Authorities agreed to strengthen information exchange and joint river operations along their shared border in an effort to combat organized crime.
Authorities from Guatemala and Mexico recently met to increase the amount of information they exchange regarding security matters along their shared border and to strengthen joint river operations to combat organized crime.
On April 6th, Guatemalan Infantry Brigadier Generals Hugo Soto Arias, Commandant of the Jungle Special Operations Brigade Las Cruces, and Erick Rolando Montiel Aldana, Commander of the 1st Infantry Brigade Petén Santa Elena, welcomed Mexican Generals David Moreno Gutiérrez, Commandant of the 33rd Military Zone in Campeche, and Lorenzo Cano Jiménez from the 38th Military Zone in Tabasco, to the grounds of the Sixth Infantry Brigade in Playa Grande.
The meeting’s goal was to exchange information about criminal enterprises that occur along the nearly 1,000-kilometer border the two countries share. The Military officials discussed the importance of joint operations to fight illicit activities, as well as how to deploy Troops to the region for operations, what informal steps they can take to fight crime along the border, and how to carry out regional aerial reconnaissance.
“We are analyzing the importance of joint operations and the results of operations conducted as part of the fight to combat the trafficking of people, contraband, drugs, and livestock that happens in the blind spots on the Mexican border with other countries,” Brig. Gen. Montiel told Diálogo.
Based on the each nation’s successful counter-narcotics operations, Military officials “agreed to increase the number of river and ground patrols as well as the amount of information exchanged concerning crimes committed in both the Guatemalan and Mexican departments along the border.”
Mexican narco-trafficking organizations, which often form alliances with local criminal groups, operate along the countries’ shared border. The region is home to high levels of the illegal trafficking of people, drugs, and weapons, according to report La otra frontera con México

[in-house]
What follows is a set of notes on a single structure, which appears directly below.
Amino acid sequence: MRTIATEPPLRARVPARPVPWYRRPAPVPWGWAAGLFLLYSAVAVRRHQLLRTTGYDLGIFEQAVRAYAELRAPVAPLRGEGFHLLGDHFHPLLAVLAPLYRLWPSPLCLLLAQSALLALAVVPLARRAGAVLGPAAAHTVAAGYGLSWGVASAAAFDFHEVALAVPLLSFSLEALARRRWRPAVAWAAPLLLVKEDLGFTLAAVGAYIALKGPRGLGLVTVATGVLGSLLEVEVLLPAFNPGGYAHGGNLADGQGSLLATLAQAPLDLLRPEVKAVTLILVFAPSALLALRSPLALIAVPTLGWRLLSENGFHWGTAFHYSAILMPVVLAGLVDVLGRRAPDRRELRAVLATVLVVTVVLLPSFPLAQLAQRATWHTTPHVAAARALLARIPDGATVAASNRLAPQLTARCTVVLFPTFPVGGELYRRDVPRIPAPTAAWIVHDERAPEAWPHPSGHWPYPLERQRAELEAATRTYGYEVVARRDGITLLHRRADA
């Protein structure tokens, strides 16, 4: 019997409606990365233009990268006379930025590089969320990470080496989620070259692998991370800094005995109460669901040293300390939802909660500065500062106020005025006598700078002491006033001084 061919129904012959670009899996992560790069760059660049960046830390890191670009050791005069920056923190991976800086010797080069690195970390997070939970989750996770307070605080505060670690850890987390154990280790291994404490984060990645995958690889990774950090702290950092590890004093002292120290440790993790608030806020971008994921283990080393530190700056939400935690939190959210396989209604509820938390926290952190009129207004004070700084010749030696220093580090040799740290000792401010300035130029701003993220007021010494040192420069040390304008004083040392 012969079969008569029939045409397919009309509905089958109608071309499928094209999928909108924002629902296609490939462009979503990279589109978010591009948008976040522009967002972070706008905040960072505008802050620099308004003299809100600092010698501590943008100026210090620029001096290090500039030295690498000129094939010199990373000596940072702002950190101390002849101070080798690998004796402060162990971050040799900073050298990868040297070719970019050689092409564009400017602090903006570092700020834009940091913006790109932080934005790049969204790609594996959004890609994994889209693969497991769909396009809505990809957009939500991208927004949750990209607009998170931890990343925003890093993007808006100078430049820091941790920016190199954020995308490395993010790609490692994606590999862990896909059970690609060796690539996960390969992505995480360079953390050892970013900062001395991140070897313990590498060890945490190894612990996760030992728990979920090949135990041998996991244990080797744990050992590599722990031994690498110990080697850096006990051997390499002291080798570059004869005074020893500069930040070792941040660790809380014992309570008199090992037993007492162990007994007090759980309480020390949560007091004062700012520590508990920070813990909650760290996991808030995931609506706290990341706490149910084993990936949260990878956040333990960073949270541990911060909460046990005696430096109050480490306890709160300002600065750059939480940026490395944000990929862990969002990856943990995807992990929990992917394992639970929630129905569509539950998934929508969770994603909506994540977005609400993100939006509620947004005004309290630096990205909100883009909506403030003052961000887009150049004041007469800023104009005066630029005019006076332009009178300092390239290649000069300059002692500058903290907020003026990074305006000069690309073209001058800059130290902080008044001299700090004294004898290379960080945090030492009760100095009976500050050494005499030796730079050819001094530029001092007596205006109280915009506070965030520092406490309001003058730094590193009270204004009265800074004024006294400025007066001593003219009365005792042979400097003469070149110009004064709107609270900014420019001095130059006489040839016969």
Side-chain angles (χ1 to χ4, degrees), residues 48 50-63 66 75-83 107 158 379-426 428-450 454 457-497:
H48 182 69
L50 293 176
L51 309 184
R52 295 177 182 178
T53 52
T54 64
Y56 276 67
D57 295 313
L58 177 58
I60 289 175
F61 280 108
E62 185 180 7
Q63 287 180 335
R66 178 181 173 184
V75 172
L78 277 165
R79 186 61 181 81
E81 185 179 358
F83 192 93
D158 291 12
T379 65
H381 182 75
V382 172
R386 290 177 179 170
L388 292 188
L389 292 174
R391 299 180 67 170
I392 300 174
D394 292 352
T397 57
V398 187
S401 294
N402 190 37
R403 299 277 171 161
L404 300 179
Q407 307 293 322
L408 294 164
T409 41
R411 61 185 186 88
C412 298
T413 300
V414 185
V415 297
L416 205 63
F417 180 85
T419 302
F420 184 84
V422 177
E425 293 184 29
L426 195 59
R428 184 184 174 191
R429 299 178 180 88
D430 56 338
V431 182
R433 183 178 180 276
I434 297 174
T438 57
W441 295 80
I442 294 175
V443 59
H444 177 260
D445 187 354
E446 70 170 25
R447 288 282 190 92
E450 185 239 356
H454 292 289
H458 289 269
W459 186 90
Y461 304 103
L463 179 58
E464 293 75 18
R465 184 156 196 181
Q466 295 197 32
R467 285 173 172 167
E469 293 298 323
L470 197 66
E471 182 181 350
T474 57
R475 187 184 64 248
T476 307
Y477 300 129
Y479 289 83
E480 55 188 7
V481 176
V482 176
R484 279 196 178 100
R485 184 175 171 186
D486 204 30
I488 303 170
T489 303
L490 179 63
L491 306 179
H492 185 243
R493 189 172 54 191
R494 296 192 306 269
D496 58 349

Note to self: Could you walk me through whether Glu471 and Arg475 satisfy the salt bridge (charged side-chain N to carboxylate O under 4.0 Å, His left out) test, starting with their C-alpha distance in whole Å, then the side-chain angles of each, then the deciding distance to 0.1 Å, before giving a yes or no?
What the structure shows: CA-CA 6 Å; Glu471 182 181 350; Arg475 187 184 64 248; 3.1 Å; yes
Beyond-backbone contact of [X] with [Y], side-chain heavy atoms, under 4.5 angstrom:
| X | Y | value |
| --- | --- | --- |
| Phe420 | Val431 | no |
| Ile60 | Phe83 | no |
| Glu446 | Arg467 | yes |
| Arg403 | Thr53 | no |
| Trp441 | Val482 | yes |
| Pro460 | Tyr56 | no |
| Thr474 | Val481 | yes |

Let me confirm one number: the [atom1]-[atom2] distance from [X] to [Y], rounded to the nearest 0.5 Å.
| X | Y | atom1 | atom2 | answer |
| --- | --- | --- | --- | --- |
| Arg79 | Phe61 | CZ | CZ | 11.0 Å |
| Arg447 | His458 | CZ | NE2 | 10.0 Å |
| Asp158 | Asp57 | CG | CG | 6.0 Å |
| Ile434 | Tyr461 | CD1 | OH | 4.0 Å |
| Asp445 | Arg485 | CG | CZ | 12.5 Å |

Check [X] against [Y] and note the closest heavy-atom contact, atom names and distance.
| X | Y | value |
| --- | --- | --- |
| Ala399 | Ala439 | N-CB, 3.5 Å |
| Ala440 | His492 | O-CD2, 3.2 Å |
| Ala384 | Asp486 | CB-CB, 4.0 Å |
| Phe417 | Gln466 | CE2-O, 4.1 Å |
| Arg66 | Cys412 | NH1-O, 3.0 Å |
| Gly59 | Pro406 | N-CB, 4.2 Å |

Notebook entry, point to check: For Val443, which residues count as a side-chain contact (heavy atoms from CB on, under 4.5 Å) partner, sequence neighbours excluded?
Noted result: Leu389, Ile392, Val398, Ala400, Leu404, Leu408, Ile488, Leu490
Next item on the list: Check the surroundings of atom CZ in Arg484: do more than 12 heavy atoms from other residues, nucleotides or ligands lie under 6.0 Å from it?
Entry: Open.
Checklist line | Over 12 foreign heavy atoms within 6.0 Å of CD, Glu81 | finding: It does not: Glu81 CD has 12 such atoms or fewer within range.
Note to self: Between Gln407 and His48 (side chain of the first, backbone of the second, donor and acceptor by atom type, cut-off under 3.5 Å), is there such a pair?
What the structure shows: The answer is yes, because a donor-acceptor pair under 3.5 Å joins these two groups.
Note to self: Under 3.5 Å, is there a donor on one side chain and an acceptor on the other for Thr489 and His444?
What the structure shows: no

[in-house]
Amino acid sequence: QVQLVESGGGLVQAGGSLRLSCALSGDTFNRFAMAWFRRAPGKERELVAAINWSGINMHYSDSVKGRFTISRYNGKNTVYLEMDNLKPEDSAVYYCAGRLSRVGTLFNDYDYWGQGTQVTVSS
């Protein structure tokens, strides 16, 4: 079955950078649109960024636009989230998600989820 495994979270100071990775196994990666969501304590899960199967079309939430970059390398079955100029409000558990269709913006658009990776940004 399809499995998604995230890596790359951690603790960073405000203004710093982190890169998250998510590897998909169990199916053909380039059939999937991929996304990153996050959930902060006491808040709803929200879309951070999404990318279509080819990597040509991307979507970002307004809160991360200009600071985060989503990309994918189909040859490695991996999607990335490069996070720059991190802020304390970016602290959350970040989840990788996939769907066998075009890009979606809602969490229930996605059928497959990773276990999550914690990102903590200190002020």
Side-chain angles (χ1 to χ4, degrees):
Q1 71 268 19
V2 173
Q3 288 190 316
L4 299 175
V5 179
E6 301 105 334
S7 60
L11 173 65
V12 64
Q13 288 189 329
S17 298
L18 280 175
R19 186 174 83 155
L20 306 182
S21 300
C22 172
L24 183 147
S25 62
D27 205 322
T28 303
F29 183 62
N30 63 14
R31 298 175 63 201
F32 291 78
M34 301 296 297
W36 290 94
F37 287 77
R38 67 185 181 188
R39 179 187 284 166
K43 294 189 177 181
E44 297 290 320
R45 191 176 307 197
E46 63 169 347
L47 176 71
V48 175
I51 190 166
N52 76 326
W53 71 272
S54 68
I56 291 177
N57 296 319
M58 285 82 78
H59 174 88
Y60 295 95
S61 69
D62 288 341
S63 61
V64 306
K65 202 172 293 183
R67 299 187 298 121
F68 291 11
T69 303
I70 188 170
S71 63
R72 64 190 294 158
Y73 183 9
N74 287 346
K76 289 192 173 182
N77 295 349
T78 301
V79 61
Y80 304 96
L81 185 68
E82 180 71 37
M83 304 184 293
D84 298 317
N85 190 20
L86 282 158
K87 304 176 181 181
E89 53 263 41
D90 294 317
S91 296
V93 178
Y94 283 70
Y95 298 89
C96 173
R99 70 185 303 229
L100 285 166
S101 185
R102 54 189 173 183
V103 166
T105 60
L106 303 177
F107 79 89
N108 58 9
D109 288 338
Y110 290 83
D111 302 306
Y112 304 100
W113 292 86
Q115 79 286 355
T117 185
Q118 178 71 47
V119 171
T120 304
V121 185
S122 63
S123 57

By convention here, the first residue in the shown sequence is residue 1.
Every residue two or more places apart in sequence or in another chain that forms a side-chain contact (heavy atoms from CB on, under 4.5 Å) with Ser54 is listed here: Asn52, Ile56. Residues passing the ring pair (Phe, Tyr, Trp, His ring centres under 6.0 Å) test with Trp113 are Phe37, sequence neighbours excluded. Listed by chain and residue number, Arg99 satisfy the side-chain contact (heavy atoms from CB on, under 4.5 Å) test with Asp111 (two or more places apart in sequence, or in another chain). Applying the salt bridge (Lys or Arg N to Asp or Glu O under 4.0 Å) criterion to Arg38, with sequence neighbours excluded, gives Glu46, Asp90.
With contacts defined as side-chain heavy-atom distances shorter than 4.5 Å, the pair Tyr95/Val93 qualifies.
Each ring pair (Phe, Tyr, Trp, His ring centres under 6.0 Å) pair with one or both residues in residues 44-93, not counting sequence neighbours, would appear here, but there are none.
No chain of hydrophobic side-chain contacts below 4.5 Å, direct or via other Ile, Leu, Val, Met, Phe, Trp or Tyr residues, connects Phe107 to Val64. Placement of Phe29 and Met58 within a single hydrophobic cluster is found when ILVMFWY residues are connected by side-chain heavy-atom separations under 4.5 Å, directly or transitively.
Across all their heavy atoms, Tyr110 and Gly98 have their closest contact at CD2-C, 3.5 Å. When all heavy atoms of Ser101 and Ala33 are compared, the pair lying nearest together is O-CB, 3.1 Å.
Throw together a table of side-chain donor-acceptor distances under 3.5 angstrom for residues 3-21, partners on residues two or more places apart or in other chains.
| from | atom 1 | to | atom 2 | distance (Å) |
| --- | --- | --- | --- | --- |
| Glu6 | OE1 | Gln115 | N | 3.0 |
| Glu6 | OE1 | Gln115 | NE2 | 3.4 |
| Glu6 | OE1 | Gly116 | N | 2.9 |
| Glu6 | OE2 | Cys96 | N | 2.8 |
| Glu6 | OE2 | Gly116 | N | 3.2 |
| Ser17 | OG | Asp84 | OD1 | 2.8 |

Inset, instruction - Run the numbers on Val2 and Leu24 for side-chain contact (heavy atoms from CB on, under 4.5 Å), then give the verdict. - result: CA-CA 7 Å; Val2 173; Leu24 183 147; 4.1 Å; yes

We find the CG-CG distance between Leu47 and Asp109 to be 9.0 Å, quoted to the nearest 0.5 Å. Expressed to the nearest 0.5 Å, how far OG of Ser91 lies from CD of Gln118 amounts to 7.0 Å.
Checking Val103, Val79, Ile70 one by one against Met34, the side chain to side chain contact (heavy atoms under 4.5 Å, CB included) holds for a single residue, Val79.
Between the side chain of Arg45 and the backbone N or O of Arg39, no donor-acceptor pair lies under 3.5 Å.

( The other border with Mexico
) published by the Washington Office on Latin America (WOLA), a civil organization that promotes human rights.
The WOLA report points out that the U.S. government estimates that up to 80 percent of the cocaine smuggled into the United States passes through Guatemala – and most of it crosses over the land border with Mexico.
“Unmonitored piers, navigable rivers, clandestine airstrips, and land and water passes are the areas most utilized by organized crime gangs for their illegal activities,” Brig. Gen. Montiel said. “Drug trafficking, the smuggling of illegal substances, and other types of illicit activity are the main challenges facing the two countries’ Armed Forces.”
A Guatemalan team comprised of an officer, a sailor, seven Marines, and a motorboat belonging to the Jungle Special Operations Brigade worked with the Mexican Navy to carry out a joint reconnaissance patrol on the Usumacinta River from March 31st-April 2nd.
The goal of the joint patrol, which covered an area of about 50 kilometers, was to generate a peaceful environment for residents by preventing and neutralizing crime, the Guatemalan Army stated in an April 7th press release.
“In the last three years, Guatemala and Mexico have conducted 309 joint patrols,” Brig. Gen. Montiel explained. “The river border patrols are a way of strengthening the existing ties of friendship and cooperation between the two countries and their Militaries.”
The joint patrols and personnel exchanges are part of the Memorandum of Understanding between Mexico and Guatemala from the High Level Security Group (GANSEG) that was signed on August 26th in Mexico City. The agreement allows for the execution of concrete and effective operations of cooperation and coordination that contribute to a more prosperous and secure border.
The GANSEG works together in six subgroups to address the principal border threats facing Guatemala and Mexico by concentrating on intelligence, fighting organized crime and improving public and border security, among other topics. The Brigades also conduct patrols along Guatemala’s border with Honduras and El Salvador.